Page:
Nearly 20 years of Westborough’s Nature Notes

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Nearly 20 years of Westborough’s Nature Notes
Annie Reid and Garry Kessler are the faces behind Nature Notes.

WESTBOROUGH – For 18 years, Annie Reid and Garry Kessler have covered Westborough’s flora and fauna in their column “Nature Notes” on behalf of the Westborough Community Land Trust.

The couple first started the column in 2004 for the Westborough News, which then became the Village News. After the Village News closed earlier this year, they have since been published by the Community Advocate

“Everything in nature is more interesting if you know something about it,” Reid said. “That’s really what I like to do for people in Westborough and the wider local area, is just get them interested in nature.”

Nature Notes inspired by national parks

Reid and Kessler are from the same hometown of Ridgefield, Conn., although they did not meet until college. 

The pair moved to Westborough in 1978, and in the 1990s, they began taking trips to national parks like Yellowstone, Yosemite and Glacier. 

Reid said they enjoyed these trips and reading guides about the wildlife at the parks. 

Eventually, they decided to replicate these experiences in Westborough by proactively identifying and learning about the wildflowers they encountered.

“It was really the realization that you don’t have to go to a national park to have a lot of fun in nature,” Reid said. “It’s right in our own backyard.”

Plus with the advent of digital photography, Kessler was able to take photos of nature more regularly, and they began posting photos of wildflowers on their website. 

They joined the newly-formed Westborough Community Land Trust in the early 2000s. One of the members suggested they start regularly contributing to a local newspaper. 

Even after nearly two decades of columns, Reid said it’s not hard to find new ideas for columns, although capturing the subject on camera can be trickier.

“They just don’t seem to get the memo the night before that they’re supposed to come out and pose,” Kessler said.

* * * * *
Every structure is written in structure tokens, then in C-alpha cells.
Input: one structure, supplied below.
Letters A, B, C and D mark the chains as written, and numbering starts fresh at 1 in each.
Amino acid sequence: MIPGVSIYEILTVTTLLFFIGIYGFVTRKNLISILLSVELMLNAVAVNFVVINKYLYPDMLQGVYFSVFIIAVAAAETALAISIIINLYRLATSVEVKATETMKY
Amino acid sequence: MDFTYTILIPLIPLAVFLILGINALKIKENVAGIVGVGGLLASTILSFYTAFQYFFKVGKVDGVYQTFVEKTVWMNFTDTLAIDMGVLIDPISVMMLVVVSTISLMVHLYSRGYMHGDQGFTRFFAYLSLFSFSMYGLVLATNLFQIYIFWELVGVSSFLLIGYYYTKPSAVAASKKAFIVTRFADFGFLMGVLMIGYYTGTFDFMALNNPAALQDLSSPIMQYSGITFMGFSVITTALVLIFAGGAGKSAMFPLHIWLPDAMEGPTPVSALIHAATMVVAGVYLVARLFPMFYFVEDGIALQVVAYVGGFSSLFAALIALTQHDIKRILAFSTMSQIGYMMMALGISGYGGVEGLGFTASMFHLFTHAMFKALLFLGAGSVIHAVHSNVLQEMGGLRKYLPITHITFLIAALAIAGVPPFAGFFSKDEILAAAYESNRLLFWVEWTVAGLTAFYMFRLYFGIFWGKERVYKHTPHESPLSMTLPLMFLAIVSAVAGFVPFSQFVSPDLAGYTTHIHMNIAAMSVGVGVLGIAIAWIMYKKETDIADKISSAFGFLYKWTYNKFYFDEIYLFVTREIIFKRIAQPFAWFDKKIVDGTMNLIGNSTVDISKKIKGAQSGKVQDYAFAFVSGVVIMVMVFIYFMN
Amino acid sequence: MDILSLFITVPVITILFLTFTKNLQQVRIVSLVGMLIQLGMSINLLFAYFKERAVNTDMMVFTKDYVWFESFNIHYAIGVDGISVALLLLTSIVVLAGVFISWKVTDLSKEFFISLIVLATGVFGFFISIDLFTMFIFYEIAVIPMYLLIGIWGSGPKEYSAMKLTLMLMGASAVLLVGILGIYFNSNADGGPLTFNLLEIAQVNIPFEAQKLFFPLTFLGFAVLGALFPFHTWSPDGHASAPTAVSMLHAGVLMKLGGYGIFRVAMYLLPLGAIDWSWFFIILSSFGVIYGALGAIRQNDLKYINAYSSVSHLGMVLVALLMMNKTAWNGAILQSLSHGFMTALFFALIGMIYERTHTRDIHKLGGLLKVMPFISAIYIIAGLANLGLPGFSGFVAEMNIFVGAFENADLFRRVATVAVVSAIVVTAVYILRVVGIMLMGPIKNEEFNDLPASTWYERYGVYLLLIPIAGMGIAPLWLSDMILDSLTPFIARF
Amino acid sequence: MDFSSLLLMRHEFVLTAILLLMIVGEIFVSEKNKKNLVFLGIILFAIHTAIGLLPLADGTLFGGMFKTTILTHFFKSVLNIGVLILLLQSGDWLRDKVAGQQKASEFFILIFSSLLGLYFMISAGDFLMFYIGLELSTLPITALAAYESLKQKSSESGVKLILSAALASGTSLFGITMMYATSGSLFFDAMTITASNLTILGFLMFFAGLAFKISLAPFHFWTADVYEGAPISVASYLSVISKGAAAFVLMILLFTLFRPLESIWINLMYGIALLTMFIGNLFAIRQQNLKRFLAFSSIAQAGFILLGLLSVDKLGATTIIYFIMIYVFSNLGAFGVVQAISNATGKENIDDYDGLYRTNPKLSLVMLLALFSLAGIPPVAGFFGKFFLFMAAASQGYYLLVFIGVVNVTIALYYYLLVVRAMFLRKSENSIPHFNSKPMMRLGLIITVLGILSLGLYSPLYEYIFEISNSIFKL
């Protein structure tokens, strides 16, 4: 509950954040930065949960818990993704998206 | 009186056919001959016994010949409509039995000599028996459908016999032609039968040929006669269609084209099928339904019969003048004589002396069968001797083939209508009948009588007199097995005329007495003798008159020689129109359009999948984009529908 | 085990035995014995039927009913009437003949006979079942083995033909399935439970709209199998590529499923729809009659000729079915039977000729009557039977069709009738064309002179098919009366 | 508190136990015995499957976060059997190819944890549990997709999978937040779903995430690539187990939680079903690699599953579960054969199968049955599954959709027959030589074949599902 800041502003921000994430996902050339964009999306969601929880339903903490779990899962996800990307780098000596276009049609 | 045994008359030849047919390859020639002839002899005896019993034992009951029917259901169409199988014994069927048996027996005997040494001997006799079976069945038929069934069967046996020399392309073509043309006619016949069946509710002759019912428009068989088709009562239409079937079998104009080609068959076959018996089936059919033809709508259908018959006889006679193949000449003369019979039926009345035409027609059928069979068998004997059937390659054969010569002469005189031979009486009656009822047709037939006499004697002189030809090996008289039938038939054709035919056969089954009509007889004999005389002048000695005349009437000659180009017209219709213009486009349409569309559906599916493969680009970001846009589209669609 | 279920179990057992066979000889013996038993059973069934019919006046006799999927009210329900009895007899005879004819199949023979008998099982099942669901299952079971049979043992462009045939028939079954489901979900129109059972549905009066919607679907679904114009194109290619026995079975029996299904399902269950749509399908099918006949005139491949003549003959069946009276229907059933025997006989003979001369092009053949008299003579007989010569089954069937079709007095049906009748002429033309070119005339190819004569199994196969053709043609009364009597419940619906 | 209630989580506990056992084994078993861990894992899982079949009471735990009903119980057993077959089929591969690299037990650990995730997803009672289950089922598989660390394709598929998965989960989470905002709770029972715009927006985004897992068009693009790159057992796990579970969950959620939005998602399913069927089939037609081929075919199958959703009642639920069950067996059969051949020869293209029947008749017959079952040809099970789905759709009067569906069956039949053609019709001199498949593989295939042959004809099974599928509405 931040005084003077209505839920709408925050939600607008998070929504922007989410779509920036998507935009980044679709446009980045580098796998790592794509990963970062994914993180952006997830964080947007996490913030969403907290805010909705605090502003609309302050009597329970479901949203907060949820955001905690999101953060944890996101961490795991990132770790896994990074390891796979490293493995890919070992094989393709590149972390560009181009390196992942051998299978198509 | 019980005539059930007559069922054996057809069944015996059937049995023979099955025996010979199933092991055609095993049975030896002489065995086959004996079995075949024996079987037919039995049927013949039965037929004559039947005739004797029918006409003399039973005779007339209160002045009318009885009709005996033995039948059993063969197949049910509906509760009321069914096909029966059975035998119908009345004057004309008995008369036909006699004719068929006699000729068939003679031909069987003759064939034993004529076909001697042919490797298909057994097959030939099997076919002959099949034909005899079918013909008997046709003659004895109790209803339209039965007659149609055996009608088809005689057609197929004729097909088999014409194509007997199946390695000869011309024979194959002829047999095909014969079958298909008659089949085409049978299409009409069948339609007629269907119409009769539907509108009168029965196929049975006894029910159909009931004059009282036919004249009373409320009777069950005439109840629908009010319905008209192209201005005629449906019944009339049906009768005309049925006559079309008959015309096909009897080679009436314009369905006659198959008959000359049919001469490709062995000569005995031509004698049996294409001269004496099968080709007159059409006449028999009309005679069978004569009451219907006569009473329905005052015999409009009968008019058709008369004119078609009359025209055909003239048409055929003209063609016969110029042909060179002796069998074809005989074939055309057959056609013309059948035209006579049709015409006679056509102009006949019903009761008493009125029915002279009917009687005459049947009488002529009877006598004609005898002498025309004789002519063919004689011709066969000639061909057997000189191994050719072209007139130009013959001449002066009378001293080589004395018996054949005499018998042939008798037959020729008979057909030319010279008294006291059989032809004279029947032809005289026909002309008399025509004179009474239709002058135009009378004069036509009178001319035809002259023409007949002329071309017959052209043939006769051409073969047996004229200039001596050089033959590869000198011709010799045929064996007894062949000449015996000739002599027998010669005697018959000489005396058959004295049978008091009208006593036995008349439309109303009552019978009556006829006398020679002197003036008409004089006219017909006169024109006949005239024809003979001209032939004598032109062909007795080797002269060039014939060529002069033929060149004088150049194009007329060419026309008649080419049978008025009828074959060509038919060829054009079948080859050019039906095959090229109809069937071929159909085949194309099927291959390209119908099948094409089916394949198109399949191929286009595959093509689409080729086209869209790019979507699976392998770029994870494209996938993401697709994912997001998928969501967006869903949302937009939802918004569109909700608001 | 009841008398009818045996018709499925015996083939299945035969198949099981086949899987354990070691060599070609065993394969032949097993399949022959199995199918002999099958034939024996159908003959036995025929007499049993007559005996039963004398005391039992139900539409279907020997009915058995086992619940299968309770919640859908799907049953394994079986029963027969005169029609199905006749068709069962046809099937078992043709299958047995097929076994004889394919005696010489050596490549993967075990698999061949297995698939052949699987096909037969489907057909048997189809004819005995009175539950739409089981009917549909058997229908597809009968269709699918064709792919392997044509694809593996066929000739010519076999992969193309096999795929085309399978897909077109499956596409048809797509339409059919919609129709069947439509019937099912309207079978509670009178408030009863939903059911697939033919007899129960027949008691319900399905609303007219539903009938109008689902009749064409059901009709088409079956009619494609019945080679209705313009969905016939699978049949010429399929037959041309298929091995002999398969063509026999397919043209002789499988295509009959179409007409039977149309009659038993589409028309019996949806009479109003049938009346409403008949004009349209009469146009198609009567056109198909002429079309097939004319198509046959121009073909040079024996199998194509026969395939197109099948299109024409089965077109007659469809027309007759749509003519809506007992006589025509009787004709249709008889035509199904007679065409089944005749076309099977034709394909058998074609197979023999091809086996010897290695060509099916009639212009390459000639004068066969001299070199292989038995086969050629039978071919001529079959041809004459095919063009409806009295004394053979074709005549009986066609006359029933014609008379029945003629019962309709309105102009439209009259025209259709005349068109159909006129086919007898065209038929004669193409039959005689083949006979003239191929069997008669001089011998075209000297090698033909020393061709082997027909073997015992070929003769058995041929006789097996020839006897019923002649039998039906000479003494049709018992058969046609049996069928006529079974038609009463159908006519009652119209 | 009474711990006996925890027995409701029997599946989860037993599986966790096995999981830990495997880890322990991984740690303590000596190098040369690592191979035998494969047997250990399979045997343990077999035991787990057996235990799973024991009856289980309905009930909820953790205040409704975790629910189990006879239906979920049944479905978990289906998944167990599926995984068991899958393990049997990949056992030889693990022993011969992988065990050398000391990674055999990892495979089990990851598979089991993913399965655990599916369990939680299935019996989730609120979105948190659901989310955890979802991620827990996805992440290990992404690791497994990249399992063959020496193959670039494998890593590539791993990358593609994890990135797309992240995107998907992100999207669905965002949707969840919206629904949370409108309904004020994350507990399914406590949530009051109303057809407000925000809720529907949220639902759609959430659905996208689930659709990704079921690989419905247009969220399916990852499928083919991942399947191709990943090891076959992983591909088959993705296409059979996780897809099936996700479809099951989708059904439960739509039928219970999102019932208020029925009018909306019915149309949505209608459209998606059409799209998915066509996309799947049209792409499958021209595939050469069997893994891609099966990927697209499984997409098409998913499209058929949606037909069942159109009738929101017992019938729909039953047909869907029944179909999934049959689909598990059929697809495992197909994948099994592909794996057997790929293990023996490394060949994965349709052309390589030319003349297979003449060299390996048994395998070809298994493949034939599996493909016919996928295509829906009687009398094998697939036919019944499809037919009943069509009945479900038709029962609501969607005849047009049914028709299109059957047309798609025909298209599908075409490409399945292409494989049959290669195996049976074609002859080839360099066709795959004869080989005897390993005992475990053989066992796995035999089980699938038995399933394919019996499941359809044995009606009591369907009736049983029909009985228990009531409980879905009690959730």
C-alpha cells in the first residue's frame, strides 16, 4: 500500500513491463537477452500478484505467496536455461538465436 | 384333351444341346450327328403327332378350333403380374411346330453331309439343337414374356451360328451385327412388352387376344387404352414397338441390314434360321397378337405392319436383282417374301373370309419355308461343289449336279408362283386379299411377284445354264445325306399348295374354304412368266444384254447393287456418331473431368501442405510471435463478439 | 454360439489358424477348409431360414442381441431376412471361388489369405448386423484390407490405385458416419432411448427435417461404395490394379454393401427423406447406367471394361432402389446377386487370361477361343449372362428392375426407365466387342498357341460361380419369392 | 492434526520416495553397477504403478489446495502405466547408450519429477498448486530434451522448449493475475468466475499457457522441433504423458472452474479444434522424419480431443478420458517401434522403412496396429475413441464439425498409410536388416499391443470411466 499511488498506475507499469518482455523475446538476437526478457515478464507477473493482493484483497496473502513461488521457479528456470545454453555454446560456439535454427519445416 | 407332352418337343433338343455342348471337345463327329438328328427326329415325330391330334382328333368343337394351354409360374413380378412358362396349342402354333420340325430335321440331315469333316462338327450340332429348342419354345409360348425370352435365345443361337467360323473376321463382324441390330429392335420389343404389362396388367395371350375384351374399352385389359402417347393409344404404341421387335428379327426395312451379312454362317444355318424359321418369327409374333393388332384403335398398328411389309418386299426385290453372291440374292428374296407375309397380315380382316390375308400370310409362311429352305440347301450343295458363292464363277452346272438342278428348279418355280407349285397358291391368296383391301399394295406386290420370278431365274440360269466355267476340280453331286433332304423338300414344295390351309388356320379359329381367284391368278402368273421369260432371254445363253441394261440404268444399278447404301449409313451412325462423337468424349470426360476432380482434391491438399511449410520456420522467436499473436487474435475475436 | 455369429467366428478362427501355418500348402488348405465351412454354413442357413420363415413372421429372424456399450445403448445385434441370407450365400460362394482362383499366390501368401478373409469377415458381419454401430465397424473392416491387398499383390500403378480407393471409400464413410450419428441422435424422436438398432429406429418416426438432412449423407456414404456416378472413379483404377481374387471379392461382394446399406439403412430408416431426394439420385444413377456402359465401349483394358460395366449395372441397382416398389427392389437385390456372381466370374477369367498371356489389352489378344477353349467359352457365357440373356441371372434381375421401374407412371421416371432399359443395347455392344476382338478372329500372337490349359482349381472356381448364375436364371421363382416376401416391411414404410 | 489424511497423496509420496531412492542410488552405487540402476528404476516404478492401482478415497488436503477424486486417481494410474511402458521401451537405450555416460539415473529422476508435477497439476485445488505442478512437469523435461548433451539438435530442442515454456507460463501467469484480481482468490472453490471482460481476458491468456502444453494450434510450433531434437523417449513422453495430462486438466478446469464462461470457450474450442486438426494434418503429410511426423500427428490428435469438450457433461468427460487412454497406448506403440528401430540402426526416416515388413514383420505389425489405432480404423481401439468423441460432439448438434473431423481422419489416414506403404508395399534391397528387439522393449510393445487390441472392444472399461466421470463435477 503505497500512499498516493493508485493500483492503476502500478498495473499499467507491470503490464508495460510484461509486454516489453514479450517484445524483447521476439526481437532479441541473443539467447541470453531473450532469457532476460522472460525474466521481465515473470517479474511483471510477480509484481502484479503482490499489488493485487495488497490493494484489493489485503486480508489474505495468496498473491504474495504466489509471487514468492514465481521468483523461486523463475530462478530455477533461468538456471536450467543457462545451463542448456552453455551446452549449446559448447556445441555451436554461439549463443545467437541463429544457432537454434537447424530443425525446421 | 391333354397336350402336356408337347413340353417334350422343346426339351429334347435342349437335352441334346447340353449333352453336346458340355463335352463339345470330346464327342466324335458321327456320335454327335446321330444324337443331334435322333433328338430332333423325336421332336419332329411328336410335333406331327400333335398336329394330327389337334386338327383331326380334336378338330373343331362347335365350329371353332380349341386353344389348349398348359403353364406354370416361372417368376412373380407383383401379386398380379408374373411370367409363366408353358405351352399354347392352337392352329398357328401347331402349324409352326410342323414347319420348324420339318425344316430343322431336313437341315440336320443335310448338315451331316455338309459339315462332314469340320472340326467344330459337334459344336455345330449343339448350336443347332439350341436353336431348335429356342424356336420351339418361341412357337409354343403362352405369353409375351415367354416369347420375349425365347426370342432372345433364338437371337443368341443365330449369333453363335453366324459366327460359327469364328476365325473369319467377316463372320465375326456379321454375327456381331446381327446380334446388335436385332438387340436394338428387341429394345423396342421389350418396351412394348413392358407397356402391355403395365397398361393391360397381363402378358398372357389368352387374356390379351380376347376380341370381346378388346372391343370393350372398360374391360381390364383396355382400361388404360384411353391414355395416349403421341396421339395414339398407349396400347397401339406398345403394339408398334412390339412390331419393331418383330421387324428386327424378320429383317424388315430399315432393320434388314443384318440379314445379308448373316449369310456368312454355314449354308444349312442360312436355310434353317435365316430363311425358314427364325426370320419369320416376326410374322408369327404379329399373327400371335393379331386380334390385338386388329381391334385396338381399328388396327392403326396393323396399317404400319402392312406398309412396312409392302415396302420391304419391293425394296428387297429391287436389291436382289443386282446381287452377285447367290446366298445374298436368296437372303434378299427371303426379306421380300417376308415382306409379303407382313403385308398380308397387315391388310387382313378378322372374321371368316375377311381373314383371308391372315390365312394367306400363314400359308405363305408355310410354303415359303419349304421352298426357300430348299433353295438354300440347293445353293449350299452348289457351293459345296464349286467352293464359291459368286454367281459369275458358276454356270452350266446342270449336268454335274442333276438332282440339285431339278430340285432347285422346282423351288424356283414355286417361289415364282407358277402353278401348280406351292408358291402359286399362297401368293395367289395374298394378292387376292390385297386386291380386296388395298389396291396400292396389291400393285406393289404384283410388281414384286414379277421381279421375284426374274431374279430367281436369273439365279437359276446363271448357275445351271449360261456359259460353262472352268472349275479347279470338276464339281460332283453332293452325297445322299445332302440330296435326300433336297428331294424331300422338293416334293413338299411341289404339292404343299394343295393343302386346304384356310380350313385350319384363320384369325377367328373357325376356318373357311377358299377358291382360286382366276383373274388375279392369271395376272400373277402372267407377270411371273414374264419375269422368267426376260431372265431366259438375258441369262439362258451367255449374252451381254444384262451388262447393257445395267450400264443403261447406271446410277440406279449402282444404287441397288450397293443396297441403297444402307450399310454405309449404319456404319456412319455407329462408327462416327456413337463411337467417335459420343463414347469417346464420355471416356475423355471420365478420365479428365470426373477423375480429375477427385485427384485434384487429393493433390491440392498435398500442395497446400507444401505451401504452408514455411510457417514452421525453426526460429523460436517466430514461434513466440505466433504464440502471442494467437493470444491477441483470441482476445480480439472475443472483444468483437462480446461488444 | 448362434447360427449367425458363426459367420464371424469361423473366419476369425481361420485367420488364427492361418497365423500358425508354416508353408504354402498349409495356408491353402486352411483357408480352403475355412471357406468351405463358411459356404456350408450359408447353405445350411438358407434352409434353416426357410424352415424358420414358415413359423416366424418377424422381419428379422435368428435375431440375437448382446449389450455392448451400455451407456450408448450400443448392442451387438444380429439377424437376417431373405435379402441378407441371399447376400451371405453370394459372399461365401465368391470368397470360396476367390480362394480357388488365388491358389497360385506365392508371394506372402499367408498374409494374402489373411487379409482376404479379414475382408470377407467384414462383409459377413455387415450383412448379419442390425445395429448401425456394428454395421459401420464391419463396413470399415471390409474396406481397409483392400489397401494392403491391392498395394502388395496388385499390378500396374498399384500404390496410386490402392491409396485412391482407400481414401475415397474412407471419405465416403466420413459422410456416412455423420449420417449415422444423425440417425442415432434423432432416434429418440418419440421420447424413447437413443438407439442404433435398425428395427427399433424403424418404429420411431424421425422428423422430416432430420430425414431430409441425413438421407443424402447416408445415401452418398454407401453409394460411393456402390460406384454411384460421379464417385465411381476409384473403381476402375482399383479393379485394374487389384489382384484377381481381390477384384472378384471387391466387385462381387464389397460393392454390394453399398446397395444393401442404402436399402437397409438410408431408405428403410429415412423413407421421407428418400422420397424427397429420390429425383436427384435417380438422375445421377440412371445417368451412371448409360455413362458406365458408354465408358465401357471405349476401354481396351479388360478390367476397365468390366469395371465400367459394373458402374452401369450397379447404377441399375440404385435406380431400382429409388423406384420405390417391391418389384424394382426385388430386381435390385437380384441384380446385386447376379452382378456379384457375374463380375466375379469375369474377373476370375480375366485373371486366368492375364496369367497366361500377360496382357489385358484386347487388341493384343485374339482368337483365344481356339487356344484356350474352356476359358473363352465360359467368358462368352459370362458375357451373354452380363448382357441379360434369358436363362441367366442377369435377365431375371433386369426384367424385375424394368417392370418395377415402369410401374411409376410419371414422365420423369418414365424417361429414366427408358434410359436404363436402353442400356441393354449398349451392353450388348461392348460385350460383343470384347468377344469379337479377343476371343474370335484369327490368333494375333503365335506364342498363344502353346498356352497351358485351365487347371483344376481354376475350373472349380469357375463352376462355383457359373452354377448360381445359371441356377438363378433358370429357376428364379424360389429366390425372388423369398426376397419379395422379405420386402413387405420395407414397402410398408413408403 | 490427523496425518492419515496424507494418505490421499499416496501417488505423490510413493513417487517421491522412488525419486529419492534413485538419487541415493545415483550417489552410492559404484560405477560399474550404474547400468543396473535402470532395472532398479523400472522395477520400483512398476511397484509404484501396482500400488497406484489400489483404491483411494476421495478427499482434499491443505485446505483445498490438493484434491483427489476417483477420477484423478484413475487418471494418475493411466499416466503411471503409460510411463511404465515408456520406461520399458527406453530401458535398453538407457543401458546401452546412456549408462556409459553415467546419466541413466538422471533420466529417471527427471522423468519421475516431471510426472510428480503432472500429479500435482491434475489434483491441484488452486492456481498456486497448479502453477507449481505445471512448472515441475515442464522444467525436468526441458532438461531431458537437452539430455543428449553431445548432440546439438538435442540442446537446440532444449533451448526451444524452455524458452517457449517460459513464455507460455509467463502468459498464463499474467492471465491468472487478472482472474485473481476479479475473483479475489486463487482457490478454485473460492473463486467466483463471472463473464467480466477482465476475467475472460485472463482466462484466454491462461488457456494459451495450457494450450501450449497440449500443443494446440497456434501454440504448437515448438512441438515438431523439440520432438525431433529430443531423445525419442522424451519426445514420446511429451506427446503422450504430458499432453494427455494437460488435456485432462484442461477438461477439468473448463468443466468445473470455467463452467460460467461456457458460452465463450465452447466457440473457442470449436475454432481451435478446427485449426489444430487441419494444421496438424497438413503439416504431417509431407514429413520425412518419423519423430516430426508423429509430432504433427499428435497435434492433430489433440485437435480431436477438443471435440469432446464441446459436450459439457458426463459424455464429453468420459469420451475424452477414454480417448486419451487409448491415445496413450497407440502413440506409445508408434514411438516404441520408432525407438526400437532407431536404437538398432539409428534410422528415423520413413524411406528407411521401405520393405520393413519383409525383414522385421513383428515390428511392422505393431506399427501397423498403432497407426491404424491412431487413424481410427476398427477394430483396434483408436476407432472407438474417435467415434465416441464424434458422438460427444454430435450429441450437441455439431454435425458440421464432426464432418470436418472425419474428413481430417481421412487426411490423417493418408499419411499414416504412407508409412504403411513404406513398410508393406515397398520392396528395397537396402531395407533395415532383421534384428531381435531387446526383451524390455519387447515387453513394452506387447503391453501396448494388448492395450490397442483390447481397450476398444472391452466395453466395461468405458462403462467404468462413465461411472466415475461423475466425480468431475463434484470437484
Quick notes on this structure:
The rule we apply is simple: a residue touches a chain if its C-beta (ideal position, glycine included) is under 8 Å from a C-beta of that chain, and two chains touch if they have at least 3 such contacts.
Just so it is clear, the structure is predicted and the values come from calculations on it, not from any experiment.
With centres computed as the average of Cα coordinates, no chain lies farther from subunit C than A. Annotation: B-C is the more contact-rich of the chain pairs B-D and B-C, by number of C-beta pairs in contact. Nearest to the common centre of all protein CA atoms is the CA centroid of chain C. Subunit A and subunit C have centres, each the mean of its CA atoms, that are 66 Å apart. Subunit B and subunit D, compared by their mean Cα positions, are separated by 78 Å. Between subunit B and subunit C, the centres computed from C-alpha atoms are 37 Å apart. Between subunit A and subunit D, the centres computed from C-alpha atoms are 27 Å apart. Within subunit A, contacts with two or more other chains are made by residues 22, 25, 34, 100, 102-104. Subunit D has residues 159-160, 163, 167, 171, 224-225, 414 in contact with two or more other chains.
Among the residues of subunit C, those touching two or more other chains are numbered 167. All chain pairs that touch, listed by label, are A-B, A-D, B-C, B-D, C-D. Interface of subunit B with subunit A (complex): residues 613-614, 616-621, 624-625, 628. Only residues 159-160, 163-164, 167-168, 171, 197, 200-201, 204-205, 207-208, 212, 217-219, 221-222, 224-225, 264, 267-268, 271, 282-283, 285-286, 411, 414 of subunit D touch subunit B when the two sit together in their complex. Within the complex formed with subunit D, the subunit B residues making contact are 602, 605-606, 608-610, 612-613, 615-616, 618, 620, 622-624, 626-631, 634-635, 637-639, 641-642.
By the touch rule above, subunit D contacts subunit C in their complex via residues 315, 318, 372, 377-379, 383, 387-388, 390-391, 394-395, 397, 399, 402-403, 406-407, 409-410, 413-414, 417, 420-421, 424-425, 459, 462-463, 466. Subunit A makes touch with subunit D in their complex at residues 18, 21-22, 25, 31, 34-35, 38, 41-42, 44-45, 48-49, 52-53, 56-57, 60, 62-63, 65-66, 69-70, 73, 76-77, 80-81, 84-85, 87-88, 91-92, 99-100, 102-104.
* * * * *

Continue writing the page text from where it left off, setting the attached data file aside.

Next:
Reid highlighted some of the memorable columns from over the years. 

One of the columns came about after neighbors noticed large blobs in a nearby pond. They contacted a biologist and fellow Land Trust member, Scott Shumway, who helped identify them as colonies produced by tiny animals.

In a recent column about local snakes in the area, Reid emphasized the harmlessness of the garter and water snakes in Westborough.

“One of the points I made is that you’re not going to be afraid of snakes if you know something about them,” Reid said.

Changes in Westborough’s nature

Having lived in Westborough for more than 40 years, Reid and Kessler said that the nature in town has changed significantly due to human activity and climate change. 

While some species have benefited from environmental changes over this time, many more have declined, Kessler said.

“If you have a long view of a few decades of experience in a place, it’s actually quite shocking the rate of change,” Kessler said. “Particularly in the last few years, things have really begun to decline at an increasing rate.”

Monarch butterflies are one species that have declined. When they first moved into Westborough, they would see butterflies in their yard and carpeting meadows in Bowman. 

“That’s all gone, there’s none of that anymore,” Kessler said. “We’re lucky if we get a butterfly in our yard.”

Mosquitoes, he said, are also much rarer now as a result of mosquito prevention programs. While effective, he said that mosquitoes are at the bottom of the food chain. Their absence causes ripple effects, Kessler said.

Reid and Kessler also noted the impact of development. According to Reid, when the Land Trust first acquired Gilmore Pond, one member conducted a survey and found around 50 bird species in the area, which was surrounded by fields.

“Since then, all of the field area which was not owned by the Land Trust has been developed into housing,” Reid said. “You’re not going to find 50 species in that area anymore.”

Reid hopes people get out and enjoy nature with their families.

“Observing nature is often for kids a pathway to interesting science,” Reid said. 

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